No Zucchini recipe for me (yet) but I wanted to let you know this is one of the worst growing seasons for us too. We’ve had so much rain I’m battling fungus left and right. Everything is so wet, which leaches all the good stuff out of the soil and I can’t possibly fertilize (I use fish emulsion) because adding more water is just wasteful since the plants won’t take it up anyway. I talked to the local people at the farmers market and we’re all in the same boat. Today was my Gardening Pics for July post and you can see just how pathetic everything looks :(

    ~Kelli @ Smidgens

  3. says

    A friend who lives a mile away has TONS of zucchini and our plants have a couple flowers but otherwise are looking kind of puny. I’ll be supporting her farm stand this summer if mine don’t make it!

  4. says

    Your zucchini pasta dish looks great. I used the grilled zucchini in a pasta dish the other day and it was so good. I’ll be posting that recipe later this week.

  5. says

    This looks great, I just pulled some zucchini from the garden this week, and I have a ton of pasta in storage, I think I’ll make this tonight and just do a grilled chicken breast on the side :)

  6. says

    This looks wonderful1 I friend just suggested to me a few weeks ago that I cook pasta with veggies and I have enjoyed it so much that I have been looking for new ways to try it.

    My garden is coming in slowly so I linked up with a vegetable lasagna that is layered with zucchini.

  7. says

    Yummy recipe but don’t know if hubby would go for it. He doesn’t like zucchini. MmMM–guess I can always ask. I usually make zucchini bread or cake or hide it in a soup! :0)

  8. Paula says

    The zucchini pasta looks yummy, bet it would be great with shrimp or chicken breast too.

    Was visiting my aunt the other day and she had made zucchini jelly. It was very good! Don’t know if anyone here has tried it but you boil your zucchini and you use any flavor of jello for the flavor. I got to try raspberry and orange and they were both awesome.

  9. zellion says

    I just realized I have no idea what state you’re in. Ohio seems to be bursting with vegetables this year!

  10. says

    I made something very similar to this just a few days ago! I sliced zucchini and yellow squash, instead of making it julienne style and made a homemade tomato sauce with fresh herbs and roma tomatoes, angel hair pasta and chicken. It was good!! :)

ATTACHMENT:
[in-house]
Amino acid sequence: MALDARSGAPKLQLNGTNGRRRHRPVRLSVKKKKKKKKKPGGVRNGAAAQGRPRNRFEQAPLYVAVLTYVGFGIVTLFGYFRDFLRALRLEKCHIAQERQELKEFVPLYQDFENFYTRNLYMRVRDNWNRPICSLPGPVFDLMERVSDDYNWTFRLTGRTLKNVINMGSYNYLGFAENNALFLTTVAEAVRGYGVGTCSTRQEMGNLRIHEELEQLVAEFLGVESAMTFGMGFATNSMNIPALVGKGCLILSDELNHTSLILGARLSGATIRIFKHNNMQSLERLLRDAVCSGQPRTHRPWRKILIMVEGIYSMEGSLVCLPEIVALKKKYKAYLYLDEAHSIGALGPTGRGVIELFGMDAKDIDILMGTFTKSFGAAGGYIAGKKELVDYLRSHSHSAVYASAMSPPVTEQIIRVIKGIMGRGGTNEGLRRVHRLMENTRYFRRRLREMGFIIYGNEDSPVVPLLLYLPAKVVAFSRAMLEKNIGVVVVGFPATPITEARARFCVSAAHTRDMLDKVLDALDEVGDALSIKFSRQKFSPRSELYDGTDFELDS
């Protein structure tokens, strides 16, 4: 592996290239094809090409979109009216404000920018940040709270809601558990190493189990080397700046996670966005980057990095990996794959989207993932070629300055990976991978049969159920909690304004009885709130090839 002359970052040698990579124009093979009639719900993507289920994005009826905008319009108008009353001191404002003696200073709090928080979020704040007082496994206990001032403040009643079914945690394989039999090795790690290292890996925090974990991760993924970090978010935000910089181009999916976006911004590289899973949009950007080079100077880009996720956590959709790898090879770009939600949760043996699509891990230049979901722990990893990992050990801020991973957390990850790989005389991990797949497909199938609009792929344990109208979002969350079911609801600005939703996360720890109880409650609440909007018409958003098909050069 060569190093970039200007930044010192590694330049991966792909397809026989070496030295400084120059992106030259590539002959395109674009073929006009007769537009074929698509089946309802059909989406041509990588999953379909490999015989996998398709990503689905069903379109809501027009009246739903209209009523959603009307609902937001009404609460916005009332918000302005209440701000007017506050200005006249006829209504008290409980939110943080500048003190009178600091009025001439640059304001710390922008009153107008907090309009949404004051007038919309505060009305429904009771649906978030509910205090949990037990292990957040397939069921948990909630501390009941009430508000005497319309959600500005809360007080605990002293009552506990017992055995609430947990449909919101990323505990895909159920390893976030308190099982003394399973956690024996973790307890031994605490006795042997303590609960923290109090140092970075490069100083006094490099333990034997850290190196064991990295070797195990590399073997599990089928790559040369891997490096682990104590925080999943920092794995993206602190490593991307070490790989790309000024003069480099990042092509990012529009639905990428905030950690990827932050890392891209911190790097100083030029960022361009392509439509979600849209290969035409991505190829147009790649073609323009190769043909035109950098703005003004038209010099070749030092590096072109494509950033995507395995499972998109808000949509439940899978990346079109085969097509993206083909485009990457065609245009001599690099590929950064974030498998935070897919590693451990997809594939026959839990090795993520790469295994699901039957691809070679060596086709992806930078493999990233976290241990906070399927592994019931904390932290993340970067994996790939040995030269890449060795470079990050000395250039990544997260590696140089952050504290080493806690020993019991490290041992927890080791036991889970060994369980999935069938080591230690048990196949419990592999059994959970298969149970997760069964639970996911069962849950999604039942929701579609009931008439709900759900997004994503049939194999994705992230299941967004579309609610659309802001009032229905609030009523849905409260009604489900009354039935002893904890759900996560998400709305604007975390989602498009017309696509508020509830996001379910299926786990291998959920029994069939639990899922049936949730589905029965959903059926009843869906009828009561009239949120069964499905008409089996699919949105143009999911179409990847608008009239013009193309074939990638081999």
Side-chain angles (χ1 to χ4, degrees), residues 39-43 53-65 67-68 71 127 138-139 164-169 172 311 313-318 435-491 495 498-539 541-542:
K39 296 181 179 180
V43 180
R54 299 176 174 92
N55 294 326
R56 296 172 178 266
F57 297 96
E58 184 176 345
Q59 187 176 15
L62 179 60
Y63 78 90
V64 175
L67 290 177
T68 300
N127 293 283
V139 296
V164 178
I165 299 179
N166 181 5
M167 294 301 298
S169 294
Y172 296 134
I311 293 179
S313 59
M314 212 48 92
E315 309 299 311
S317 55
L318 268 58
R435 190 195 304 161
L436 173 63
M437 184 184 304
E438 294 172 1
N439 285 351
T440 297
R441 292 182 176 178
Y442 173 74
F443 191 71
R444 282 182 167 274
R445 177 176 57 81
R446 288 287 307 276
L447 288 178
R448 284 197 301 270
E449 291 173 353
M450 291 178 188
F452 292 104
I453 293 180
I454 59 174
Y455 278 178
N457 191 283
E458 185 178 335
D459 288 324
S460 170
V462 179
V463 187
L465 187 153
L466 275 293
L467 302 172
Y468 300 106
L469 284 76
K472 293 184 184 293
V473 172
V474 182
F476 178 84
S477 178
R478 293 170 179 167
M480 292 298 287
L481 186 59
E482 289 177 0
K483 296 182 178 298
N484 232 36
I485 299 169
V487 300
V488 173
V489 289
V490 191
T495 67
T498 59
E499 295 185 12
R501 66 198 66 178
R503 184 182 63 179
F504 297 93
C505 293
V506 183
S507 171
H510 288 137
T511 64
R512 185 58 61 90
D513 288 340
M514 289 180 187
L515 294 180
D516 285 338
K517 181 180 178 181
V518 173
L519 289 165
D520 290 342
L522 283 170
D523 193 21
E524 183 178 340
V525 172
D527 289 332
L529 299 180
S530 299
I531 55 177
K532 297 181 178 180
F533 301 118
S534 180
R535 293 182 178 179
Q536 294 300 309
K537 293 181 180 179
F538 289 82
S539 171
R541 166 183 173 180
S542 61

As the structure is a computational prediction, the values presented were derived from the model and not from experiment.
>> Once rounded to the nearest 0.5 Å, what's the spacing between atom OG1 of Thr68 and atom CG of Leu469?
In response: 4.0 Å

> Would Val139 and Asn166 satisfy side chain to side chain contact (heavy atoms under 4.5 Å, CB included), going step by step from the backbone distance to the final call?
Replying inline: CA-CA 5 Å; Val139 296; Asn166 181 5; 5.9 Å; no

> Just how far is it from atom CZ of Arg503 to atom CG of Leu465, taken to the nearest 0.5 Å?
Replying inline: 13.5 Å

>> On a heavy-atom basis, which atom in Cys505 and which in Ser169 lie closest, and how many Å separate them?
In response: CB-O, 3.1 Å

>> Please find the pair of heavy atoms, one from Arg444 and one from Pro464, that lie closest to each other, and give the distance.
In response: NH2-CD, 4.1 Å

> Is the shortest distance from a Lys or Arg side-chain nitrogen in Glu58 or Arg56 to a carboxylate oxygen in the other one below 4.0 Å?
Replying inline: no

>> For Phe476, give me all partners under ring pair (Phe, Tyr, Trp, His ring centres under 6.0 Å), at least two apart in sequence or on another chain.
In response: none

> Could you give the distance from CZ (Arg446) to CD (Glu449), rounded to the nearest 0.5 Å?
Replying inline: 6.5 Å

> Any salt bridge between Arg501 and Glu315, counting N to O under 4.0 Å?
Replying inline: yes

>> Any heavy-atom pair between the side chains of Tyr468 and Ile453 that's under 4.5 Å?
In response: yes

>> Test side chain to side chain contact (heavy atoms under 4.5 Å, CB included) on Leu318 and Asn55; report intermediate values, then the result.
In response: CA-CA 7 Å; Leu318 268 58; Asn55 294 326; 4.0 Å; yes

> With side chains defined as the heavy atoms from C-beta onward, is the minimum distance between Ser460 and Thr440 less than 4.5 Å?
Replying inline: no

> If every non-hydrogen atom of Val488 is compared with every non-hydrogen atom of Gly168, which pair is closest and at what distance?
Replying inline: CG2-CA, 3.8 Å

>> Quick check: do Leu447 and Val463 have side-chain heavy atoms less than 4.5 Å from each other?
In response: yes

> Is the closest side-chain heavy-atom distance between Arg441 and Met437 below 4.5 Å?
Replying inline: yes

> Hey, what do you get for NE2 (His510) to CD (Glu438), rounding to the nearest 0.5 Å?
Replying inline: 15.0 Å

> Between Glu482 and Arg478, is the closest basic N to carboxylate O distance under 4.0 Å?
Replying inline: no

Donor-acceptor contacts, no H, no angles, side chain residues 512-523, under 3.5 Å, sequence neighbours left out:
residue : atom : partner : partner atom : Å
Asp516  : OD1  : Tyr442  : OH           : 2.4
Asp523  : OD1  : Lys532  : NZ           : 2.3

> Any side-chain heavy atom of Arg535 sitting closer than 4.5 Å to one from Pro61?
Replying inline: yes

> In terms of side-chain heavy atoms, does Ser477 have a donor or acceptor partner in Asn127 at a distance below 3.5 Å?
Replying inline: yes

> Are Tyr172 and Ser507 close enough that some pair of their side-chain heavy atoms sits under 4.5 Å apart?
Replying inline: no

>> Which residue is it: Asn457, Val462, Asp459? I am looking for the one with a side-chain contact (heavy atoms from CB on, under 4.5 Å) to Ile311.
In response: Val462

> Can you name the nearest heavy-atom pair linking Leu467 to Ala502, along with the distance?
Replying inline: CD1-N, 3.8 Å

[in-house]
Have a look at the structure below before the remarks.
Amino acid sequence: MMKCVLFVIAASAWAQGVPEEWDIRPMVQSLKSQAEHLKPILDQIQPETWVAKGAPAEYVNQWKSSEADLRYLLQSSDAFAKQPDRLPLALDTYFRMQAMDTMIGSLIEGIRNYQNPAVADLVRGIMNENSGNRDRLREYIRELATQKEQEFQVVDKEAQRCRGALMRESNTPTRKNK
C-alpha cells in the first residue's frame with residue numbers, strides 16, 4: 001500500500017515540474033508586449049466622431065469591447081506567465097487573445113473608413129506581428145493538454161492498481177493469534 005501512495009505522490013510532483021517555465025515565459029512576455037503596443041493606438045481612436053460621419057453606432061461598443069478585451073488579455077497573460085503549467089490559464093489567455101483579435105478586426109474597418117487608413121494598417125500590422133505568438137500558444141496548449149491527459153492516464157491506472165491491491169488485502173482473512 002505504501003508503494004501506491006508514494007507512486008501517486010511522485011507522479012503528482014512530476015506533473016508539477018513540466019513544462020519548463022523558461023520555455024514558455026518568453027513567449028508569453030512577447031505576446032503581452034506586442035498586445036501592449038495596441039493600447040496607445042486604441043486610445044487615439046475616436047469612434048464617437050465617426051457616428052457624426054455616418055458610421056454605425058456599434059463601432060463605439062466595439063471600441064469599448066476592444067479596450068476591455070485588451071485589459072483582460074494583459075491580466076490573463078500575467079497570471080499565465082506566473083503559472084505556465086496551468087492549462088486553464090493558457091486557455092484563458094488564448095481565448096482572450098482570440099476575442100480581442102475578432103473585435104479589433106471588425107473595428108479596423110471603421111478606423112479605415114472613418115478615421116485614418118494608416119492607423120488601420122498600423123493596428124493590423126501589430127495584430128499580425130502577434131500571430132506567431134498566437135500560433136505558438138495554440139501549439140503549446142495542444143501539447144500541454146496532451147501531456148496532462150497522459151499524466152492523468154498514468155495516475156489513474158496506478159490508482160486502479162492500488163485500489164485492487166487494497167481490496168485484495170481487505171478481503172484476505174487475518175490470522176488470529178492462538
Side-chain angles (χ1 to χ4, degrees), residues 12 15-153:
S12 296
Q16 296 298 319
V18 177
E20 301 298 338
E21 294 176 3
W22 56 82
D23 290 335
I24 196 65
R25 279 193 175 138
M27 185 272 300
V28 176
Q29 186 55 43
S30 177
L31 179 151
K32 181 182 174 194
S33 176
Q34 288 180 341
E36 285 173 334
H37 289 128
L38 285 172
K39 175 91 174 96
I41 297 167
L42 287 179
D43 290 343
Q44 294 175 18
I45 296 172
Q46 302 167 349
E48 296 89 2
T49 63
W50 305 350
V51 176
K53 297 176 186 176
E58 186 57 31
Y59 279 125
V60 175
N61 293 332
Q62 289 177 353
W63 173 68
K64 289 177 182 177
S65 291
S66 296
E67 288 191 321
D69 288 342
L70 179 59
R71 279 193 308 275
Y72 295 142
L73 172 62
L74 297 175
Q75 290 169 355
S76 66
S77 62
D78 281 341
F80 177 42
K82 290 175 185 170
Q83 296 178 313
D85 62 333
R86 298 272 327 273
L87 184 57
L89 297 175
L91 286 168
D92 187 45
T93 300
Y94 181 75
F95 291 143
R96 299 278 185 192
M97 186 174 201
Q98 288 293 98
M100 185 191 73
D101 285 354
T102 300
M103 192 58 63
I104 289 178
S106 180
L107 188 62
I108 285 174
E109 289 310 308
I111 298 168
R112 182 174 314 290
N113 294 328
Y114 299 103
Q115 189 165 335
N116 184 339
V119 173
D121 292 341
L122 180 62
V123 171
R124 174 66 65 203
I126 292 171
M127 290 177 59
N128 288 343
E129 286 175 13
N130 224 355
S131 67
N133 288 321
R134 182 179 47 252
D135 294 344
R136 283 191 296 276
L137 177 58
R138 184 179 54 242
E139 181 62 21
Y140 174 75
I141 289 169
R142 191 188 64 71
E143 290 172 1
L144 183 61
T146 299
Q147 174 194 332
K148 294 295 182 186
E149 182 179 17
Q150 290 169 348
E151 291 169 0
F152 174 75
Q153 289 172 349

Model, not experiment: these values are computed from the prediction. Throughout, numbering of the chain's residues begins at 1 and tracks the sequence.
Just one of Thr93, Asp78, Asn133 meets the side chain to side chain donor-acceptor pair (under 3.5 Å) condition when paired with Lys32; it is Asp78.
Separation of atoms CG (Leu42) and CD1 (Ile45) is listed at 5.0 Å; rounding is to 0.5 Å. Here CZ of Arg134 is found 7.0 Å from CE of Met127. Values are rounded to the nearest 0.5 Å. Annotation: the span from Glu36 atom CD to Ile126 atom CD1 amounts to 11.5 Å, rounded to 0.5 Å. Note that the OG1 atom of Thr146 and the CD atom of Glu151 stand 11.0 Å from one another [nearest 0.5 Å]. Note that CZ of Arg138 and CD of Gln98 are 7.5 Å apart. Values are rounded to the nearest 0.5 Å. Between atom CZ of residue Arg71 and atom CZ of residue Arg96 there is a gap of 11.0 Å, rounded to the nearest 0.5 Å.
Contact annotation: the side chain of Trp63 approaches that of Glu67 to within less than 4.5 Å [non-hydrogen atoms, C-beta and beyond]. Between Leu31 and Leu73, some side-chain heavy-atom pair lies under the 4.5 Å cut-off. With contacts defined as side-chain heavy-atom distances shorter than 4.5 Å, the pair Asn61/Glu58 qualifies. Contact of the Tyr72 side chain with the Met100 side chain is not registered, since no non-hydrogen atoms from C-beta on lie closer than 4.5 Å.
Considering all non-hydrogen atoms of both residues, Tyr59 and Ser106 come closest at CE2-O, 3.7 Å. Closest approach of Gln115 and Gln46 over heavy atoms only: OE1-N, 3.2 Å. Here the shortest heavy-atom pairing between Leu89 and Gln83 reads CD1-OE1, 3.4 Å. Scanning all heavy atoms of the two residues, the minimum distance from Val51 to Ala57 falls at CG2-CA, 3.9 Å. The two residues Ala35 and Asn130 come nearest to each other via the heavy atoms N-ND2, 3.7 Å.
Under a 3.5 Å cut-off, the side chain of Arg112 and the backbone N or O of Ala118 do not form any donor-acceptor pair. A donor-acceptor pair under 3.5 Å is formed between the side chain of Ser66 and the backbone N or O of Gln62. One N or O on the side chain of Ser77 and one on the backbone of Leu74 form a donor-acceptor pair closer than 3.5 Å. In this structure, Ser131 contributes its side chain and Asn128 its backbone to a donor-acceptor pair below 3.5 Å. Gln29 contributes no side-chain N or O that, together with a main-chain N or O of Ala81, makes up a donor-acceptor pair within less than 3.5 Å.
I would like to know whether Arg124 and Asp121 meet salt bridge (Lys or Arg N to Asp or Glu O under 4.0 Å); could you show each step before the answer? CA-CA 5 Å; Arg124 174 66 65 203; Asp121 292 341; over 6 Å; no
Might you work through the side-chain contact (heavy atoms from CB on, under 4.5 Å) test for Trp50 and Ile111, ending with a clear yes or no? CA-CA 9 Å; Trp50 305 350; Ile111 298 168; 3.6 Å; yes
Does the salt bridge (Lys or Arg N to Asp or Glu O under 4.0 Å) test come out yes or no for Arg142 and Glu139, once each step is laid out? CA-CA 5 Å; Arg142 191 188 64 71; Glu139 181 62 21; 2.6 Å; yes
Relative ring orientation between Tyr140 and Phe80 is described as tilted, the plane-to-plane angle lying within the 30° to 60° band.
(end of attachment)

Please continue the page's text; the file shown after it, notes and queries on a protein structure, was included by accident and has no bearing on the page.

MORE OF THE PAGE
11. says

    Too bad you don’t live closer to us in Ohio. We have been getting 8-10 zucchini a day and sell it in front of our house for 25 cents each. The people in our town love it and or grocery budget likes it too.

    Thanks so much for your great recipes! I have a hard time finding recipes in cookbooks that fit our style of eating but I find that I print out lots of your recipes!

  12. says

    Ack! Sorry to hear you’re not having a bumper-crop year. But hey, I learned something last season that might help you: Milk. I got a horrible case of powdery mildew on my peas, and a solution of 1 part milk to 9 parts water worked a treat to clear it up. Skim milk is cheapest and least likely to smell. (Yeah, uh, I used whole milk the first time? Phew!)

    If it persists, you can also try 1 tablespoon baking soda to a gallon of warm water; BUT, I’ve been warned that baking soda can kind of “burn” the leaves, and if you overdo it can wreck the pH of your soil.

    This recipe looks awesome! Thanks!

  13. Kristin says

    Made this last night and had the leftovers for lunch today, definitely a keeper in our house my family loved it. I added a little butter to the garlic and oil and grilled chicken breasts with McCormick Chicken Seasoning. So delicious!

  14. Christopher says

    This is one of my wife’s favorites. With all the rain we’ve had here in midlands of SC, we should have had a bumper crop. We were inundated, however, with stink bugs; which pretty much wiped us out: And a lot of the local farmers as well. I was really, really, really looking forward to putting up some zucchini pickles this year. They’re the next best things to the Kosher dills I grew up with in NYC.


Leave a Reply

Your email address will not be published. Required fields are marked *